Men's Feet
18 Jun 2016 / Podiatry

Mens Feet

One of the great ironies of personal grooming is that while men will happily spend twenty minutes or more fiddling with their hair, they’re strangely reluctant to give their feet anything more than a cursory once over with a showerhead. It’s ironic because regardless of how you look if your feet are foul nobody’s going to give you a second look. “Men’s feet aren’t exactly attractive to begin with so why make them even uglier by neglecting them?” I remember seeing a survey a few years ago that suggested that three quarters of us spend absolutely nothing on foot grooming products – a stat that’s put into sharp relief when you consider that almost the same percentage of us are quite happy to shell out on gear to trim our body hair. So for you men, here are a few tips to ensure that those embarrassing foot faults are kept to an absolute minimum…

Nail it

Lesson one:

A man’s toenails should never, repeat never, look like a female rapper’s fingernails. For the sake of your socks, sheets and self-respect they should be clear of dirt and neatly trimmed. In truth, this isn’t always as easy as it sounds; men often botch nail trimming by cutting down the sides of the nails (which can cause the nail to become ingrown) and by using cheap nail clippers (which can cause splitting and leave rough edges). Instead, see your podiatrist or use Toenail Scissors which give clean edges and always cut the nails squarely across the top, rather than curving the edges. Don’t cut too much off – the nail should be about level with the end of each toe. Polish is optional, obviously.

Down at the heel?

If there’s one thing that really lets men’s feet down it’s dry skin – especially that stuff around the heel. It’s particularly noticeable if you’re wearing Birkenstocks or flip-flops, so you need to file it away (and by that I don’t mean under ‘tasks you can’t be bothered to do in the pending tray).
If using a manual foot file reminds you too much of a waiter grating Parmesan onto your penne, do as I do and visit your podiatrist.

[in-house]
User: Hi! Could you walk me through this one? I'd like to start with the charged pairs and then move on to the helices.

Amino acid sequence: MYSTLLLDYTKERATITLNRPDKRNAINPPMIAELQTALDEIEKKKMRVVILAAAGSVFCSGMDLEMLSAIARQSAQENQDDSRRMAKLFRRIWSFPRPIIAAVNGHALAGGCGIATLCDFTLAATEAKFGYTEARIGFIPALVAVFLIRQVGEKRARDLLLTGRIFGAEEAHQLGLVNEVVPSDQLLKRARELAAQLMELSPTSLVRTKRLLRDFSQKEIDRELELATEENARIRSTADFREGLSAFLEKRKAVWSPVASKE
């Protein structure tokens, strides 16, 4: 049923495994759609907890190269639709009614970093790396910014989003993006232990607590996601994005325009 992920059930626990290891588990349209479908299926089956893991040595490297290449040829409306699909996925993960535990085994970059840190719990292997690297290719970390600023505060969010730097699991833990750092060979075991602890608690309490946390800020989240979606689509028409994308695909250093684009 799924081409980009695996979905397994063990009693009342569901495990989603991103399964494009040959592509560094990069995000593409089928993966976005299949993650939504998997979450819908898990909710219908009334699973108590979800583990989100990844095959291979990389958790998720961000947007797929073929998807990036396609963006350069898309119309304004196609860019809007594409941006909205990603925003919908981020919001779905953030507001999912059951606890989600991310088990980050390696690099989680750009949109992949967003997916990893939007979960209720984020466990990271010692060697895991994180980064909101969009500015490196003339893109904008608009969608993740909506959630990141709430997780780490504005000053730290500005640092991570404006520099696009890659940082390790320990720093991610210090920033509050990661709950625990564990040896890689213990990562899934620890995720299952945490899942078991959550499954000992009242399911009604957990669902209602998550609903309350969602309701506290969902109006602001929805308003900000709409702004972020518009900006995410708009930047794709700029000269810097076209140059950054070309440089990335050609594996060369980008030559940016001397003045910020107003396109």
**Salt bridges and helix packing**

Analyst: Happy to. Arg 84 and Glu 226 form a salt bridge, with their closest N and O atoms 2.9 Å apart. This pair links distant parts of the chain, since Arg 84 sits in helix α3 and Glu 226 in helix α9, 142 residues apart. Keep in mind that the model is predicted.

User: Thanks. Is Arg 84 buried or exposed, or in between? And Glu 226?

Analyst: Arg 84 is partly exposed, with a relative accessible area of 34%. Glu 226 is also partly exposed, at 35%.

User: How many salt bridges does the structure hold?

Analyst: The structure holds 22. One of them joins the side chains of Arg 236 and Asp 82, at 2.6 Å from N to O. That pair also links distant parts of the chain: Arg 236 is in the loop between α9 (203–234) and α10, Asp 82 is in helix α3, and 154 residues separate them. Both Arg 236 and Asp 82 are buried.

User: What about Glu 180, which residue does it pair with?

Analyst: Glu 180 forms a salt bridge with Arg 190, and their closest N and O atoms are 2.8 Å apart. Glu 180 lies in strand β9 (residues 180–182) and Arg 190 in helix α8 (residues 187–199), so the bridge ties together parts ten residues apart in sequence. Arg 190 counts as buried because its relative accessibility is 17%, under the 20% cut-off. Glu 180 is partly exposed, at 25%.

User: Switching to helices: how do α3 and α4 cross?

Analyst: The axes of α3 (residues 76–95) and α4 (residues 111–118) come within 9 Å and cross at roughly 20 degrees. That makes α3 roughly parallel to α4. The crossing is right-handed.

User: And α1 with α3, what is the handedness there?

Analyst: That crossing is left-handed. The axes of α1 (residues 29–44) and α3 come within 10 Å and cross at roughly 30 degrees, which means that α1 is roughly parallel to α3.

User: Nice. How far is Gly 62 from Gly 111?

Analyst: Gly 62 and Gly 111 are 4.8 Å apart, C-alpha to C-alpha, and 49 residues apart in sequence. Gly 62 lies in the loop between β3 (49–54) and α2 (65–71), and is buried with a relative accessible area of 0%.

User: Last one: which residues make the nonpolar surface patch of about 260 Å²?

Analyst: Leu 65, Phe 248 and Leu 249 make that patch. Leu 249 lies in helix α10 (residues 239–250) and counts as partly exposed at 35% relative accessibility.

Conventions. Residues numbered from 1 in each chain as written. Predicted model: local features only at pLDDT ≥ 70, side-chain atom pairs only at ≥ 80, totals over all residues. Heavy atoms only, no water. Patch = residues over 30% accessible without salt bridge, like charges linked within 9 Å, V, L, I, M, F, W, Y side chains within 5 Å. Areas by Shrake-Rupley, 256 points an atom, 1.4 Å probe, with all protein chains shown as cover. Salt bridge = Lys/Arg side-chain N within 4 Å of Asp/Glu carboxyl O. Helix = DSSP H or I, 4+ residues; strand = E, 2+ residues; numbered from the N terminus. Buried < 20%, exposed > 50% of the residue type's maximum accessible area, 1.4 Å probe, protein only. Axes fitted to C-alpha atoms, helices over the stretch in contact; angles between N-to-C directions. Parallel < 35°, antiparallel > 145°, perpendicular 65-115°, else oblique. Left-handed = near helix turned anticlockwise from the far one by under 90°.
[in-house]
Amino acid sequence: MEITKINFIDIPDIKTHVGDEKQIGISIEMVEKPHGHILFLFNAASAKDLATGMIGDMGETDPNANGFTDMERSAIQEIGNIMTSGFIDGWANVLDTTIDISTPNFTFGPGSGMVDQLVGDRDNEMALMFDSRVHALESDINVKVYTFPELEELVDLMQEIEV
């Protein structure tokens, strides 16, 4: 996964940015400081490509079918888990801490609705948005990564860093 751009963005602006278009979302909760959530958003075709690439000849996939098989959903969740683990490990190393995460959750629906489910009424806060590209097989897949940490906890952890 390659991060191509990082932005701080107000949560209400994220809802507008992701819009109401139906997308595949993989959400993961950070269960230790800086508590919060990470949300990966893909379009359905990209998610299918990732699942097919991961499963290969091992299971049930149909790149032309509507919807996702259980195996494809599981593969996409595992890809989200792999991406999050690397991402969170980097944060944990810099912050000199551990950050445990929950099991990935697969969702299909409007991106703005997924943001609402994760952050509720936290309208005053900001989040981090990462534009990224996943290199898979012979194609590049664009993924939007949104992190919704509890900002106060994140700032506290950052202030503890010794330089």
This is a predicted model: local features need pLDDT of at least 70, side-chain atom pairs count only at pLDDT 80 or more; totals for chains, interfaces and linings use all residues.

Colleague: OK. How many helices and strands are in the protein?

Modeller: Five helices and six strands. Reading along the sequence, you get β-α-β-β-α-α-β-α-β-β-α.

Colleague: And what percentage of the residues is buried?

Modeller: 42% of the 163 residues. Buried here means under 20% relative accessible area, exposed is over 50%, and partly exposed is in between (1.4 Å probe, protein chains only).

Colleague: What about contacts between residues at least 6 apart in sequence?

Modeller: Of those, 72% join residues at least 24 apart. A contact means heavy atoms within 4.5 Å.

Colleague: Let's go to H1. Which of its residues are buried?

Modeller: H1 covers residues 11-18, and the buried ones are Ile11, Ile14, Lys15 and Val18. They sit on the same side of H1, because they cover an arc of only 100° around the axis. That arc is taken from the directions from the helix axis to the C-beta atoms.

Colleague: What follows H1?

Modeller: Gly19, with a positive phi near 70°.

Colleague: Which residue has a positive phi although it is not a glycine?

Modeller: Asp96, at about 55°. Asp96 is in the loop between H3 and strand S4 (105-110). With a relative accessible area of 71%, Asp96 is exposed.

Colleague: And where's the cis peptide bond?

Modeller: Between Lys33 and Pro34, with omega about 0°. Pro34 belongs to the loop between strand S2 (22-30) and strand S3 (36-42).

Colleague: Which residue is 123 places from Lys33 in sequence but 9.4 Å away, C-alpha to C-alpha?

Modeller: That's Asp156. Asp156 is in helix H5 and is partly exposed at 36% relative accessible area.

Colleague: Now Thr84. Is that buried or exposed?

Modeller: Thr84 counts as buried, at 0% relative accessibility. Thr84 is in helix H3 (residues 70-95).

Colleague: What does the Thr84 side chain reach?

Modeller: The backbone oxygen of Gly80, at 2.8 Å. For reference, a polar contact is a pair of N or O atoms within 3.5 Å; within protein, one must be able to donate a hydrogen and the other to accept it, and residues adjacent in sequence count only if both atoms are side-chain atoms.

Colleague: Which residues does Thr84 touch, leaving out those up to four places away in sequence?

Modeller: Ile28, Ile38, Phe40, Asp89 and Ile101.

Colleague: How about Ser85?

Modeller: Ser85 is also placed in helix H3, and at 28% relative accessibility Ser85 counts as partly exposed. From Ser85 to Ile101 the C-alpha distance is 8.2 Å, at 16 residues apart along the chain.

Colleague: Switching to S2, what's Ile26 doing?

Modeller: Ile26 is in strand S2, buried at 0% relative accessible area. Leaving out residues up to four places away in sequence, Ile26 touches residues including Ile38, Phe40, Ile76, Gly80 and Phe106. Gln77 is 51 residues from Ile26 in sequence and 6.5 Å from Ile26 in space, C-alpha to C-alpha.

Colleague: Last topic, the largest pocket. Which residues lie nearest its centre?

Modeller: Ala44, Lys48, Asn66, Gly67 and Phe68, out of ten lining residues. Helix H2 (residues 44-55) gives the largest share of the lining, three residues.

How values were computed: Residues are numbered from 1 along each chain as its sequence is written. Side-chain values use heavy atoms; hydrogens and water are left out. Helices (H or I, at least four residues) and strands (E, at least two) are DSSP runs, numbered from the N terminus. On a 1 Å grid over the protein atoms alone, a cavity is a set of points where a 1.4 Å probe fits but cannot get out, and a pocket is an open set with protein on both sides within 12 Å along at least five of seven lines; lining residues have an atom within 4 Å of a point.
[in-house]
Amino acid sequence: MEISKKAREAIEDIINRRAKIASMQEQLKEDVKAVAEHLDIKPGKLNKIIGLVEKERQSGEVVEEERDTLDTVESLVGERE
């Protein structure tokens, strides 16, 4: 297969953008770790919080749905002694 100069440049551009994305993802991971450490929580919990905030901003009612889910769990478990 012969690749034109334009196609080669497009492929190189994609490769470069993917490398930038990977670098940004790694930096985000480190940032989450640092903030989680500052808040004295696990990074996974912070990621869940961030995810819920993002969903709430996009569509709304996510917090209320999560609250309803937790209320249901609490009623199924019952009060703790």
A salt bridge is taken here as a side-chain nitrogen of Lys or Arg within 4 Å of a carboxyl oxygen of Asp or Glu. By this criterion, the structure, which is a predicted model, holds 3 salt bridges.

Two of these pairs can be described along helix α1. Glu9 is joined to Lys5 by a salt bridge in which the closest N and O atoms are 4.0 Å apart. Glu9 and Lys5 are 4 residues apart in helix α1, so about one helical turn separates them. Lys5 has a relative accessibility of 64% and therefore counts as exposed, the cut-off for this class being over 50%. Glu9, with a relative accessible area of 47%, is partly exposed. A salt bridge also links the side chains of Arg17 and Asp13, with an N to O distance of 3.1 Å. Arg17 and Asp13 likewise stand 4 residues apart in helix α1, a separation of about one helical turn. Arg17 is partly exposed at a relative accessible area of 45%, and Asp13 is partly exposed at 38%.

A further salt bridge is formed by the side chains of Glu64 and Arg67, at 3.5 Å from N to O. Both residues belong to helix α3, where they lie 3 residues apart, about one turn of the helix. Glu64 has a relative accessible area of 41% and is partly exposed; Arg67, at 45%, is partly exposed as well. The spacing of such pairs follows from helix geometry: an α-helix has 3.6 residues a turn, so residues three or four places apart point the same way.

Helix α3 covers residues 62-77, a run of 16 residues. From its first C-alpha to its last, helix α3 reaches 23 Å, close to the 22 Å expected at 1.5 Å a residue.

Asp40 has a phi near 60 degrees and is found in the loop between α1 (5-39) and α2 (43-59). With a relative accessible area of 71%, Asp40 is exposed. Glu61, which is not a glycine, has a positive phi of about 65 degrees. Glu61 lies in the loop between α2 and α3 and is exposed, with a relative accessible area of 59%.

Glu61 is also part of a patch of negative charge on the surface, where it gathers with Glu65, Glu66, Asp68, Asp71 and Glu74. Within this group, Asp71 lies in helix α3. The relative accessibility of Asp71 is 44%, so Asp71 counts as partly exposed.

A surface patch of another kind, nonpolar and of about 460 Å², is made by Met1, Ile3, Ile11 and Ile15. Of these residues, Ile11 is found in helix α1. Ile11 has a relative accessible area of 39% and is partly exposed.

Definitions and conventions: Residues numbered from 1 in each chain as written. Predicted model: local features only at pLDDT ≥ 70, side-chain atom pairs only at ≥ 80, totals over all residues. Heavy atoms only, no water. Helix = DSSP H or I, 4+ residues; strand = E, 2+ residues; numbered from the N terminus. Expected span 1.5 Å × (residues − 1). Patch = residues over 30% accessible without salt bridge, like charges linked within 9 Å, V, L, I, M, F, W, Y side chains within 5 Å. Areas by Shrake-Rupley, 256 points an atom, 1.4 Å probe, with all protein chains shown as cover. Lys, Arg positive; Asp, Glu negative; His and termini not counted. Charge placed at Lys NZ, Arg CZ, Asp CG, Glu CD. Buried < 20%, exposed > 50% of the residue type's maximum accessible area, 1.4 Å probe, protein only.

Don’t frighten people with your fur

Having hair on a man’s toes is a good sign because it means the circulation to your extremities is good. Problem is, good circulation isn’t much of a turn on, whereas toes furrier than a ferret could prove a major turn off for some. The solution? Wax them.

Be a softie

Moisturising feet might seem a rather ladylike pursuit, but in reality it has practical as well as aesthetic benefits. Moisturising is the perfect way to prevent tiny cracks and fissures appearing in the skin around the heels – cracks that don’t just look unsightly but which can become painful and prone to infection. To protect your plates opt for a specialist product such as CCS Foot Cream available from Premier Clinic which contains urea – an ingredient that works on several levels to keep skin moisturised, supple and protected. The best time to apply it is at night, just before bed, as creams tend to be better absorbed while you’re sleeping.

Fight the fungus

Fungal infections of the nail are never much fun. Not only do they cause discoloured, flaky and sometimes smelly toenails, but they’re also notoriously tricky to treat. The problem (known as Onychomycosis) often starts as a small white or yellow spot under the nail and progresses to affect the whole of the nail, causing it to crumble as the fungus munches its way through the keratin that makes up the toenail.
It’s thought up to 8pc of us will suffer at some point but you can treat it with an anti-fungal product like Mycosis Oil or Spirularin Nail Serum – available from the clinic or on line at,.uk Be patient though – it can take 12 months or more to get your nail back to normal. To minimise the risk of fungal nail infections keep your feet dry, your nails short, and don’t walk barefoot in the gym, locker room or around the swimming pool.

Treat yourself to a toe-job

Most of us wouldn’t think twice about seeing a dentist for a check-up and yet most men are strangers to the inside of a podiatrist or chiropodist’s treatment room. And yet feet work just as hard as teeth. If you’re worried about the state of your feet why not make a pre-sandal appointment? Your feet will certainly thank you for it. As will everyone who has to clock them through your sandals.

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